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Senegal: A report highlights the social and environmental impacts of a coal power plant co-funded by the African Development Bank

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Article
30 October 2019

Sendou women call on the African Development Bank to uphold promises and halt coal plant amidst Climate Crisis

Author: LSD, WOMIN and Gender Alliance

Will the African Development Bank (AfDB) keep its promises to pave the way for a renewable energy future and withdraw funding and political support for the failed Sendou coal plant in Senegal, ask civil society observers? A new report, Women Stand their Ground against BIG Coal: the AfDB Sendou plant impacts on women in a time of climate crisis, highlights the deleterious effects that the Sendou coal plant has on people, particularly women, and ecosystems amidst the unfolding climate emergency in Africa. Since 2009, women fishers in Bargny, south of Dakar in Senegal, have been at the forefront of a fight against the Sendou coal power station co-funded by the public African Development Bank (AfDB), West African Development Bank (BOAD), Netherlands Development Bank (FMO) and private Compagnie Bancaire de l'Afrique de l'Ouest (CBAO). The project has already destroyed the livelihoods of more than 1,000 women fishers, undermined the health of community members, destroyed cultural heritage, and excluded local people from decision-making about their future.

Just over a month ago, African Development Bank President Akinwumi Adesina revealed the AfDB’s plans to scrap coal power stations across the continent and switch to renewable energy. In a speech delivered at the United Nations Climate Summit on September 23, 2019, Adesina told delegates that “…coal is the past, and renewable energy is the future. For us at the African Development Bank, we’re getting out of coal.” Yet the AfDB-funded Sendou coal plant, which began operating in 2018, will generate coal-fired power and pollutants harmful to local and global people’s health for many years to come...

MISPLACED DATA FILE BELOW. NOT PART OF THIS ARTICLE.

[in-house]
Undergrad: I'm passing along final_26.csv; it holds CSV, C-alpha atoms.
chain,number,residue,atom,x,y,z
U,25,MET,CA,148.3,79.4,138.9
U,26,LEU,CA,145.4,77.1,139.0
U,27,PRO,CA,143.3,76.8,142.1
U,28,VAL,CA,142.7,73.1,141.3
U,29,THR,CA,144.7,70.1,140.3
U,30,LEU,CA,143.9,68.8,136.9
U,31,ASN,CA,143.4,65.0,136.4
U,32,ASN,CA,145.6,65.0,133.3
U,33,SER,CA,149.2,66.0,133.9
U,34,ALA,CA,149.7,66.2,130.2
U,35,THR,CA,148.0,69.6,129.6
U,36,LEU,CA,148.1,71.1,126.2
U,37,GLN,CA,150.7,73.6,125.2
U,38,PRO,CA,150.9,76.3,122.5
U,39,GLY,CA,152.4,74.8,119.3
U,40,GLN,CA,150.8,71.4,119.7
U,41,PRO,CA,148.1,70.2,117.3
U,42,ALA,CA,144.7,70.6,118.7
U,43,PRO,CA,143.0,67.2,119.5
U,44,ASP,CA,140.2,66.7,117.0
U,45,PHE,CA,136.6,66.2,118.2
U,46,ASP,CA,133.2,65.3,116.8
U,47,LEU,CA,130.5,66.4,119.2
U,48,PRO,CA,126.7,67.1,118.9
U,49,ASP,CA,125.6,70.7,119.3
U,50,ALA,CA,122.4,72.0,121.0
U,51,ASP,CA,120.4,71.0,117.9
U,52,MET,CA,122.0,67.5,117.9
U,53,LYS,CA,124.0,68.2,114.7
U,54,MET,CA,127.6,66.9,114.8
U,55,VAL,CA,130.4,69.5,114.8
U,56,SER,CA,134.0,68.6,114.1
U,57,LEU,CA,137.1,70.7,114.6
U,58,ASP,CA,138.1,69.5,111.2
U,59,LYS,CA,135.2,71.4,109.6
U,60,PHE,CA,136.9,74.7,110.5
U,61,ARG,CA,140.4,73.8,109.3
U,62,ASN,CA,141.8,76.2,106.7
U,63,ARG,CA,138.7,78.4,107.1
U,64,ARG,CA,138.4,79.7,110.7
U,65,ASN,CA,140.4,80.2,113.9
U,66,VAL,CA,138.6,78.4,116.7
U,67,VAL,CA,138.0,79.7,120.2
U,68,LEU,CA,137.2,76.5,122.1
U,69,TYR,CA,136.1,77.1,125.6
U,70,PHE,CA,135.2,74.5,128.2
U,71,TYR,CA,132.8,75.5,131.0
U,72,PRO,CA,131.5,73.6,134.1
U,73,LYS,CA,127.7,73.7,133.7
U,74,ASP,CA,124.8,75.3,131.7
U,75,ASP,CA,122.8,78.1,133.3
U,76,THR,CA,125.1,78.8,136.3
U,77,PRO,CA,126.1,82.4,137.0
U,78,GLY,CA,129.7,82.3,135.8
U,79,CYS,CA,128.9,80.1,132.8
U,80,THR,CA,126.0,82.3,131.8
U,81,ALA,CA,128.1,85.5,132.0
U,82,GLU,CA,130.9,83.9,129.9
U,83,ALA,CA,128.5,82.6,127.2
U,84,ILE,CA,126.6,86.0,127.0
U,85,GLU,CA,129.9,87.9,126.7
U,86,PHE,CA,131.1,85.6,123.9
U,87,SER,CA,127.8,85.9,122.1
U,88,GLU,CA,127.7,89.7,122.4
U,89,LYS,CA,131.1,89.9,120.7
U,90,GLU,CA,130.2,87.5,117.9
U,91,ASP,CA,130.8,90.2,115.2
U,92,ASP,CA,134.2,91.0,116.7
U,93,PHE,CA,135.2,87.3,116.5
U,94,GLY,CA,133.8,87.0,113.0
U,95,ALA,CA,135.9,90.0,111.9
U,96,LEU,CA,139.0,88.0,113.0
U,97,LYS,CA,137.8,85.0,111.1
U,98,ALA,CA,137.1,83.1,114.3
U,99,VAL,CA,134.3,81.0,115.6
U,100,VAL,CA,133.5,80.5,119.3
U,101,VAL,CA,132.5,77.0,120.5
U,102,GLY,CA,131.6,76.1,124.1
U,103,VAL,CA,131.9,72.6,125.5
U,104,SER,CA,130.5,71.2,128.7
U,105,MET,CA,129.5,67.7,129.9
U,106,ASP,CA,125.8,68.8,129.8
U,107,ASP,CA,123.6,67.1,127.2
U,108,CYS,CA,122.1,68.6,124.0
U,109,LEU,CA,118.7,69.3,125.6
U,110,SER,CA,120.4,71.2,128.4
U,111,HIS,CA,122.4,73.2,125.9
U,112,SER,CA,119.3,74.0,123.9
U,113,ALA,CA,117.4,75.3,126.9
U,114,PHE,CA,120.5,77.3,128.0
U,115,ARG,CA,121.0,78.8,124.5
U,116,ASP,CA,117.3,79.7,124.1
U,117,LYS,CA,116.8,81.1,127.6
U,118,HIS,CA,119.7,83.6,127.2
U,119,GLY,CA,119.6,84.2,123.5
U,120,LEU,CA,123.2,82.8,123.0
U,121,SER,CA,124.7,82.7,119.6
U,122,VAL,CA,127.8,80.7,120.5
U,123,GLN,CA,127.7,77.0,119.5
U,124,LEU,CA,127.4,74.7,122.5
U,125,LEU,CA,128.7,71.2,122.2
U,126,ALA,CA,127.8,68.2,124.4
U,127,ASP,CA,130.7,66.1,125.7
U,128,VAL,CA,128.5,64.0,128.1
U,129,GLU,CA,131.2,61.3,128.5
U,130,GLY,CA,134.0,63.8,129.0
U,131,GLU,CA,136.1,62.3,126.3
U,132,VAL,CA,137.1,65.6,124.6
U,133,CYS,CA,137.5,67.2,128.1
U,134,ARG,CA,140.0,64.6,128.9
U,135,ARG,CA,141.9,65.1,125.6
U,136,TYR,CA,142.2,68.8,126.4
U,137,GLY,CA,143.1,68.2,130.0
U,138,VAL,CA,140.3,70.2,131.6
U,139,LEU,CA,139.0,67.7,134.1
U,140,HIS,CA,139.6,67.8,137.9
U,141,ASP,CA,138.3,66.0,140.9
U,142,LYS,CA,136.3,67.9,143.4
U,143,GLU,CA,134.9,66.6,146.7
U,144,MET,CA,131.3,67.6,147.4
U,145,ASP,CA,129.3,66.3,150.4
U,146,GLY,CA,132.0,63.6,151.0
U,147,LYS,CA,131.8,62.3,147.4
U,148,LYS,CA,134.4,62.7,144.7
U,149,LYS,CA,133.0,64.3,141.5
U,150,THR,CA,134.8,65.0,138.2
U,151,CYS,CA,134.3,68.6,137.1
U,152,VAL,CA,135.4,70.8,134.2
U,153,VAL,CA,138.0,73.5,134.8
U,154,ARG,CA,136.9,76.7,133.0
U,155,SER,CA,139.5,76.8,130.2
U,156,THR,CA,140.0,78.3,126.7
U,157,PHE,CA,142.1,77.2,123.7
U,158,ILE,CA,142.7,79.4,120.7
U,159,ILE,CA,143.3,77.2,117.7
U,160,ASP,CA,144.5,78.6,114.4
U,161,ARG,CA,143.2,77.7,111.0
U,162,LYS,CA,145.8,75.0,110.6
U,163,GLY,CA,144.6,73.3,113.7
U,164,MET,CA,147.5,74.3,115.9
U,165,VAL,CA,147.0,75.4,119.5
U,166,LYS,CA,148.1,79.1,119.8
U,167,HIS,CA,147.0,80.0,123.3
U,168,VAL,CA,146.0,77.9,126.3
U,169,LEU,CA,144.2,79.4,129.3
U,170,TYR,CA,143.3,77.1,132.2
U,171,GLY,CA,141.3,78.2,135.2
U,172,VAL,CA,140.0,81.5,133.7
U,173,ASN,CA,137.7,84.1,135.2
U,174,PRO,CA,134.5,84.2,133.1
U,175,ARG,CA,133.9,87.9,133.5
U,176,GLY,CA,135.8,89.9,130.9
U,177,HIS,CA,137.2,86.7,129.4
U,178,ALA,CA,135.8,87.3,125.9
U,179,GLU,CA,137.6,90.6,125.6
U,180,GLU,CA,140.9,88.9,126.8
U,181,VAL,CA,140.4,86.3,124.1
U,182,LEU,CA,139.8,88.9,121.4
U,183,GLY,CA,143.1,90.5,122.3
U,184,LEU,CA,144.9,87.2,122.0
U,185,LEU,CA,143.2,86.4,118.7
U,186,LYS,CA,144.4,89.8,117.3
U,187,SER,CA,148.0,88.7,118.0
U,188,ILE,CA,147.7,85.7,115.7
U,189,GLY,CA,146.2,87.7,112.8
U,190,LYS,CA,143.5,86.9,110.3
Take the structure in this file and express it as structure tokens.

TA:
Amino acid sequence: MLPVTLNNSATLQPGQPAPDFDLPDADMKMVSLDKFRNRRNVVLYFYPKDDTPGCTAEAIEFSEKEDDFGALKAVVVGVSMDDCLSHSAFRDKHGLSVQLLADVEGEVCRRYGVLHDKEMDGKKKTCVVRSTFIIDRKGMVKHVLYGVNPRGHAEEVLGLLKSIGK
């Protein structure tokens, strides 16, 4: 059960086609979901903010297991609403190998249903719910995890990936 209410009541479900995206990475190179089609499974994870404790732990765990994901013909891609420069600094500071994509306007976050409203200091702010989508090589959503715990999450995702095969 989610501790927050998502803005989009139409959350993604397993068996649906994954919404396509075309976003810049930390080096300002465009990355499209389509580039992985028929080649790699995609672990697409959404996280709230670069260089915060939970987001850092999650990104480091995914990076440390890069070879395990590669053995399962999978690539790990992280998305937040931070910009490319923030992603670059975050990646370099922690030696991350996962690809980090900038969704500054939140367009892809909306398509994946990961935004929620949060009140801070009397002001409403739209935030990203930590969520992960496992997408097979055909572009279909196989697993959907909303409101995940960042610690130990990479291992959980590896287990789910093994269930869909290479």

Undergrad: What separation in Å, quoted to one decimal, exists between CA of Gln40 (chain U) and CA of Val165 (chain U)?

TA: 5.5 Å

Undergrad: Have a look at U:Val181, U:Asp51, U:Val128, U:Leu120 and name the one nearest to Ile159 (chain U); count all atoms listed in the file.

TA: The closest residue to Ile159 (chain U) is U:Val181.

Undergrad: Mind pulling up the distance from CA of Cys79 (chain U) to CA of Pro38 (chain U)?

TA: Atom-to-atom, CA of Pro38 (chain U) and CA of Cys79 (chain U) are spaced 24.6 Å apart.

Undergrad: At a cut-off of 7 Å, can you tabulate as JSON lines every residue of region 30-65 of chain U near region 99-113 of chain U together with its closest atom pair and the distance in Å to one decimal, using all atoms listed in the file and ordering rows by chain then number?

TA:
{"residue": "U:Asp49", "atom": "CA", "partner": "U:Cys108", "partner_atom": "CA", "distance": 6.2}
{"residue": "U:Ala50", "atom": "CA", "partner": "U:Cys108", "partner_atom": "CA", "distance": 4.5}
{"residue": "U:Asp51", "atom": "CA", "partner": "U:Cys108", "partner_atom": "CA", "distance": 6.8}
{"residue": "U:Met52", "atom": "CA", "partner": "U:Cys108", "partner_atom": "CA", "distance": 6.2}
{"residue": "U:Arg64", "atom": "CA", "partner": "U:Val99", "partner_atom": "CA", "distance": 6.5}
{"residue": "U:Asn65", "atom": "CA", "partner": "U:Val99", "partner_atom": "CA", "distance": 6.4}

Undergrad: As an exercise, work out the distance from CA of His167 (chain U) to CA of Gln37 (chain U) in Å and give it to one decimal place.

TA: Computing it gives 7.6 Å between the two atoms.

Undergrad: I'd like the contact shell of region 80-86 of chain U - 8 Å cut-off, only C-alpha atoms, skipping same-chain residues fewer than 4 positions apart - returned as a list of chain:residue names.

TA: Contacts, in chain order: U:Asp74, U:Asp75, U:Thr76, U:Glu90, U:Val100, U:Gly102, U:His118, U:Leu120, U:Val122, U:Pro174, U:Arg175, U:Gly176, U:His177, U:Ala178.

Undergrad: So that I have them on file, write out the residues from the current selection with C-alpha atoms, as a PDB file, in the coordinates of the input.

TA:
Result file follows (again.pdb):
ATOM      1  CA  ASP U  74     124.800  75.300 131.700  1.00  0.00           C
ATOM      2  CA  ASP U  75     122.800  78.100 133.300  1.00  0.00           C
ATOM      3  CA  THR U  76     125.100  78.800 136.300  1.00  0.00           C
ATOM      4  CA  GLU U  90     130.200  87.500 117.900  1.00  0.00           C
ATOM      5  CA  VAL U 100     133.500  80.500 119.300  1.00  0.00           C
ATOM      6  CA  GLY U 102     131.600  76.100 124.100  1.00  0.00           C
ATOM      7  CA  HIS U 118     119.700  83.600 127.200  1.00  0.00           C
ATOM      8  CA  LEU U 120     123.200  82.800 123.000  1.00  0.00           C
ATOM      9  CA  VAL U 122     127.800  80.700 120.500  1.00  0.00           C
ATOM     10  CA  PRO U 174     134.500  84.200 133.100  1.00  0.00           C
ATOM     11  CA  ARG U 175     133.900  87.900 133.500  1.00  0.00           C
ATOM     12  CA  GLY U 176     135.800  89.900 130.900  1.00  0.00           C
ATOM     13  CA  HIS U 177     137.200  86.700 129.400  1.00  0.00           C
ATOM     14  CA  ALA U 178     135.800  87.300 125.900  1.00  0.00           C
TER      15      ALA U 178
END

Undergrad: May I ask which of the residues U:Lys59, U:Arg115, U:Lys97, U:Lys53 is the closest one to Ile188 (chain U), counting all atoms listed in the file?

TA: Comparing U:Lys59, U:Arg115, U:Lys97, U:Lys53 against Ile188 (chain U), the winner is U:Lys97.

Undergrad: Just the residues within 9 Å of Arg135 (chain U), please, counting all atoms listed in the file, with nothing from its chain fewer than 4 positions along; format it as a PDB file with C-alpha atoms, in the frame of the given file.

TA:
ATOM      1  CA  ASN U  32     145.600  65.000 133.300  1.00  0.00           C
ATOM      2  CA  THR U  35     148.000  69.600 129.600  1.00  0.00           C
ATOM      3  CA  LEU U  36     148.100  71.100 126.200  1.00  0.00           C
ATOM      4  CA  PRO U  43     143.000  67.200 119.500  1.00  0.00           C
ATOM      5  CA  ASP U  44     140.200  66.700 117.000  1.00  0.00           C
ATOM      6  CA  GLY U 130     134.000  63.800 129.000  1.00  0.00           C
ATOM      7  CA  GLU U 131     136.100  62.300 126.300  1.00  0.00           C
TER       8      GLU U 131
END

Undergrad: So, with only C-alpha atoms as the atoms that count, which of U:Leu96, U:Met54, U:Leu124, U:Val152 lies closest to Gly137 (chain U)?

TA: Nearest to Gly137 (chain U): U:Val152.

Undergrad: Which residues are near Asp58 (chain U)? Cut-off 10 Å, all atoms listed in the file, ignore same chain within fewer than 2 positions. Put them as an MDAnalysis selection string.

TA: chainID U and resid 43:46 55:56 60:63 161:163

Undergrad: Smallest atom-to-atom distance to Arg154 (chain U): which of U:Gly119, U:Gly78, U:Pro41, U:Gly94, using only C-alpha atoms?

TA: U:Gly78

This new Women Stand their Ground report employs a ground-breaking ecofeminist impact assessment framework developed by three partnering organisations, Lumière Synergie pour le Développement (LSD), WoMin African Alliance and Gender Action. By doing so, it lays bare the ecological and climate impacts of a fossil fuel energy system that continues to receive support from powerful corporations and development banks despite compelling scientific evidence that it is a key driver of climate change. The climate and ecological crisis particularly impact the majority of African women who carry primary responsibility, according to a dominant gender division of labour, for putting food on the table and taking care of ecosystems and people...

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Article
30 October 2019

Women Stand their Ground against BIG Coal: AfDB’s Sendou plant impacts on women in a time of climate crisis

Author: LSD, WOMIN and Gender Alliance

A new report, Women Stand their Ground against BIG Coal: the AfDB Sendou plant impacts on women in a time of climate crisis, highlights the harmful effects that the Sendou coal plant in Senegal has on people, particularly women, and ecosystems amidst the unfolding climate emergency across Africa.

 Since 2009, women fishers in Bargny, south of Dakar in Senegal, have been at the forefront of a fight against the Sendou coal power station co-funded by the public African Development Bank (AfDB), West African Development Bank (BOAD), Netherlands Development Bank (FMO) and private CompagnieBancaire de l'Afrique de l'Ouest (CBAO). The project has already destroyed the livelihoods of more than 1,000 women fishers, undermined the health of community members, destroyed cultural heritage, and excluded local people from decision-making about their future.